The Dadaists and Big Hero 6

LipstickTracesSo I’m reading Lipstick Traces and it’s slow going because these beautiful sentences go on and on until your realize that they might not mean anything at all and you have to go back and read it all again very very carefully to see if there is anything there. And I’m reading about dada and I’m not sure why, but the picture of Alben Barkley (it’s disturbing, and I’ve included it below the fold) at the concentration camp makes me think about Big Hero 6.

BuchenwaldHe’s so matter of fact in that picture. But then how should one look at a pile of murdered bodies? There’s a cognitive dissonance between the objects “stacked like cordwood” as Greil Marcus says, and the knowledge that each one of them was at some recent time a person. It is both impossible and necessary that people look on a scene such as that without going mad.

The people who created that scene were not mad. It’s impossible to believe that a person could see it and come away whole, and yet the people who did the killing were just people. It would be so easy to imagine them all twisted and depraved with horrible, tortured backstories, but history tell us that most of them, outside of the big historical characters, were normal folks who managed to normalize the unthinkable through a combination of peer pressure, fear, and submission to an appealing cultural narrative.

The Dadaists denied narrative. They claimed that the madness of their generation’s great war was too great to allow for order of any kind ever again. Or something like that. Greil Marcus’ explanations of art movements are not easy to follow.

I think the Dadaists were full of shit. Humans have always and will always make sense of the world through narrative, especially in times of chaos. But sometimes we need new stories.

Marcus furnished me with this quote from Carl Jung:

There is no lunacy people under the domination of an archetype will not fall prey to.

Big Hero 6 is one of very few stories I can think of that drains a dominant cultural narrative of its power. Almost every action movie provides a satisfactory resolution with the death of the villain. Traditionally, the hero kills the villain, and the audience cheers.

Grandpa you’re messing up the story. Now get it right! Who kills Humperdinck? Is it Inigo? Who? Somebody’s got to do it!

Nobody kills Humperdinck. He lives.

Jesus Grandpa! What did you read me this thing for?

In children’s stories, where violence is less acceptable, the satisfaction is generally served by the villain falling to his or her death (just google “villain falls to death”). Occasionally, villains are dragged off in chains/handcuffs, but this is usually when the primary story line is not a battle between good and evil, as in Frozen, or in movies for grownups where the stakes are not life and death. And these handcuff endings are usually not as satisfying.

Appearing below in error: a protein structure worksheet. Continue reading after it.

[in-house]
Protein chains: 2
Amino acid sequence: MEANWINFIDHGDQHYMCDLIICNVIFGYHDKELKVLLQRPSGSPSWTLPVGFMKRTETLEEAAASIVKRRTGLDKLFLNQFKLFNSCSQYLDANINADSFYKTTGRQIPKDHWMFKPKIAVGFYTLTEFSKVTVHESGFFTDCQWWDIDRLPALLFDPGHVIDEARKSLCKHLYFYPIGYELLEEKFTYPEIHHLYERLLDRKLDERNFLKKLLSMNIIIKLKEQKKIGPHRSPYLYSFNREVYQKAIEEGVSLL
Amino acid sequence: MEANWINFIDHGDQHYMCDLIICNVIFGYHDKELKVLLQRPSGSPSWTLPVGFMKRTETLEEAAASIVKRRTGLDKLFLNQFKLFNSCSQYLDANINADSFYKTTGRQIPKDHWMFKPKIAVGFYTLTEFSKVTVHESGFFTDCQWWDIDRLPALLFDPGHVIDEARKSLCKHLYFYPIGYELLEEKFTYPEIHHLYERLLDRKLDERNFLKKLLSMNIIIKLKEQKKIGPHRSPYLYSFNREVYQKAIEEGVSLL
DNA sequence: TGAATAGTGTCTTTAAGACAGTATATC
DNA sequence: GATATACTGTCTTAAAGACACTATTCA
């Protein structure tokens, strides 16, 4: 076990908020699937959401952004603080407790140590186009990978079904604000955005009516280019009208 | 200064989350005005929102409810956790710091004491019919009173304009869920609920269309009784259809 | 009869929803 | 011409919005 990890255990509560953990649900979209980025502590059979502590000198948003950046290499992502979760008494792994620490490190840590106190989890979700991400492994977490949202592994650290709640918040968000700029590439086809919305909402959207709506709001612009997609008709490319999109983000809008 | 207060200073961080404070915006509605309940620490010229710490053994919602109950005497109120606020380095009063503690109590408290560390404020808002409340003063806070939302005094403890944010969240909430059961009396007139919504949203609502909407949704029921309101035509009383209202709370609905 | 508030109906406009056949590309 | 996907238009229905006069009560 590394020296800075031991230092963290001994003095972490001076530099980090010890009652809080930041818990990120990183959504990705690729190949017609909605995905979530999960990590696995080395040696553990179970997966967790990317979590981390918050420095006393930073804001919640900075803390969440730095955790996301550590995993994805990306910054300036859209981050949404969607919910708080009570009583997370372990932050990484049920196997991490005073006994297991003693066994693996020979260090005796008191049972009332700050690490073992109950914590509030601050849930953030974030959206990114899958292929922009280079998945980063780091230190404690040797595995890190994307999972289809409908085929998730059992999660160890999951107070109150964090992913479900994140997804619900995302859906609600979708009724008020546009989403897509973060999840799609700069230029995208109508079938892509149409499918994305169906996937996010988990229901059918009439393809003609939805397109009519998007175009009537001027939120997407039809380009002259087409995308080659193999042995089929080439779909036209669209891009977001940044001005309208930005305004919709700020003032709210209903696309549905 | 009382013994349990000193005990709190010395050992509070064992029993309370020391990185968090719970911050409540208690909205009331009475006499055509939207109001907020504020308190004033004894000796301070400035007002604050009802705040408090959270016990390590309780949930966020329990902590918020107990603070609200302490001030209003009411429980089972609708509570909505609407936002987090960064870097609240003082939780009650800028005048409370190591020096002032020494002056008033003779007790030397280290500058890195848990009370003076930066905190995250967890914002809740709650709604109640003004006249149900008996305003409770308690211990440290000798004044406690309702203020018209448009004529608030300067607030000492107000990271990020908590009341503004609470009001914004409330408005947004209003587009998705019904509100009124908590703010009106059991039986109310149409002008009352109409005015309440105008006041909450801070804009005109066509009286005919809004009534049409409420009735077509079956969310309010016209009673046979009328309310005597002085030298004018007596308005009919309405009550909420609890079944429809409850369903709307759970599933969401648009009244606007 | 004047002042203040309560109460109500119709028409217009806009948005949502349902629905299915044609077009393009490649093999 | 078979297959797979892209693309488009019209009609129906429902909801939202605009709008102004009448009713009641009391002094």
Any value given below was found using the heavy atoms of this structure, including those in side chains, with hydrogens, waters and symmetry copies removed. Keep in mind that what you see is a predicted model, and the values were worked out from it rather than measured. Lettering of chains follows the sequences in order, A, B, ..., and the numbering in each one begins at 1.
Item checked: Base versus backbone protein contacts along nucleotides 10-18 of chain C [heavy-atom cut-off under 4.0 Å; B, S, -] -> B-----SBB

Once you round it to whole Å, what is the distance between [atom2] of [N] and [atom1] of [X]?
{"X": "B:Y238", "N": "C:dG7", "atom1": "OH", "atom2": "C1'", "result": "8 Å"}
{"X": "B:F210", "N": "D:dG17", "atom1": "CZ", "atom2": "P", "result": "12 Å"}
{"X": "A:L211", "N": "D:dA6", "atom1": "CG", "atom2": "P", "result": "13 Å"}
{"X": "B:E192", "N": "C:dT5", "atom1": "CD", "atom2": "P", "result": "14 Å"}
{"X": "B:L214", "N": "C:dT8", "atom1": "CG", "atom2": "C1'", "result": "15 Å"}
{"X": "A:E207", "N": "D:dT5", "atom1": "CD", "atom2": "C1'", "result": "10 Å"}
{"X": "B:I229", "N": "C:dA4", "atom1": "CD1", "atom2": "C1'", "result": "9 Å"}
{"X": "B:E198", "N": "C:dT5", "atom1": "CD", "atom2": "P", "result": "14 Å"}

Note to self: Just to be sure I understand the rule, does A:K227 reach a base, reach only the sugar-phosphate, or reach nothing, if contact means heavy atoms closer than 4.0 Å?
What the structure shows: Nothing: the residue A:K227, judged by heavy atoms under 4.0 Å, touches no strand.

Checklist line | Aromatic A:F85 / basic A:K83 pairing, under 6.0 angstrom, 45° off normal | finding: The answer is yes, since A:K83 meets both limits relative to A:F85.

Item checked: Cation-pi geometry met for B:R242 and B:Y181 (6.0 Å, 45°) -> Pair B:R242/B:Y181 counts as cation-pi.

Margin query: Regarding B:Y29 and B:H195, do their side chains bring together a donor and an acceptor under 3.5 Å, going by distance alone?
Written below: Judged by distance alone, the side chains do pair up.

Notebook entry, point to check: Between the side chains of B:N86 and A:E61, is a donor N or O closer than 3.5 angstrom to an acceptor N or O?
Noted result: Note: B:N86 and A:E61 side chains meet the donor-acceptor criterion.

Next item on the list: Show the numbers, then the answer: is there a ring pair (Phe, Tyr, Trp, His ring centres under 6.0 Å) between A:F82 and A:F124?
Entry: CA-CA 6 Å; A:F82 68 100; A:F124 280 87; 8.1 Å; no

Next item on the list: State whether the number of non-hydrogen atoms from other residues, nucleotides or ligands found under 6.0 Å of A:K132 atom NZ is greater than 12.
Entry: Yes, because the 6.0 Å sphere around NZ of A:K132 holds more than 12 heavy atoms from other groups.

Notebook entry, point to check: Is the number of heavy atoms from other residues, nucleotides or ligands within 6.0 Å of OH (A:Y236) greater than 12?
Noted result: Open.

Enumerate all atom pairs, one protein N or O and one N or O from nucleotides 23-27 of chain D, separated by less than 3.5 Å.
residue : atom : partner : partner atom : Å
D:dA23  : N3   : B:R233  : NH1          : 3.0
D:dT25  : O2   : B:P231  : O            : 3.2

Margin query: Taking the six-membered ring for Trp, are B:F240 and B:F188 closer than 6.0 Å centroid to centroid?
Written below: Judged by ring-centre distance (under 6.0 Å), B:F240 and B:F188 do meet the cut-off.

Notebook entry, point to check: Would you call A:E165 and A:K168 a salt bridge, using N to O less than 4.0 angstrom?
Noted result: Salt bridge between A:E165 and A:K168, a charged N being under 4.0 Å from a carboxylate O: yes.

That’s why so many movies have a moment where the hero stops the bad guy, says something to the effect of, “No, he’s not worth it,” and then is forced to kill the villain when the villain takes advantage of their mercy to try to kill someone. Yay! Look how moral our hero is! Yay! The bad guy is dead!

When a rare story comes along like Big Hero 6 where the hero not only spares the villain but understands him and sympathizes with his motivations in a way that is satisfying, it makes me wonder how much the traditional bloodthirsty narrative contributes to our ability to dehumanize real people, to look at stacks of bodies like cordwood dry eyed, to interpret statistics that look like genocide as “a high crime rate.” Is it mere coincidence that people who still find something heroic in the story of the Alamo are the same ones who demonize Mexican immigrants?

Our stories both reflect and shape who we are. I admit that most of the time, stories are more enjoyable when the villain dies. But it’s lazy storytelling because fiction, while freed from responsibility to facts, has an obligation to the truth, and real life has so few true villains. The Dadaists were a bunch of pretentious poseurs who broke themselves against the monolith of narrative. But the song does not remain the same. Slowly, we do learn to tell new stories.

Aside: Big Hero 6 also makes science look cool. So much love.


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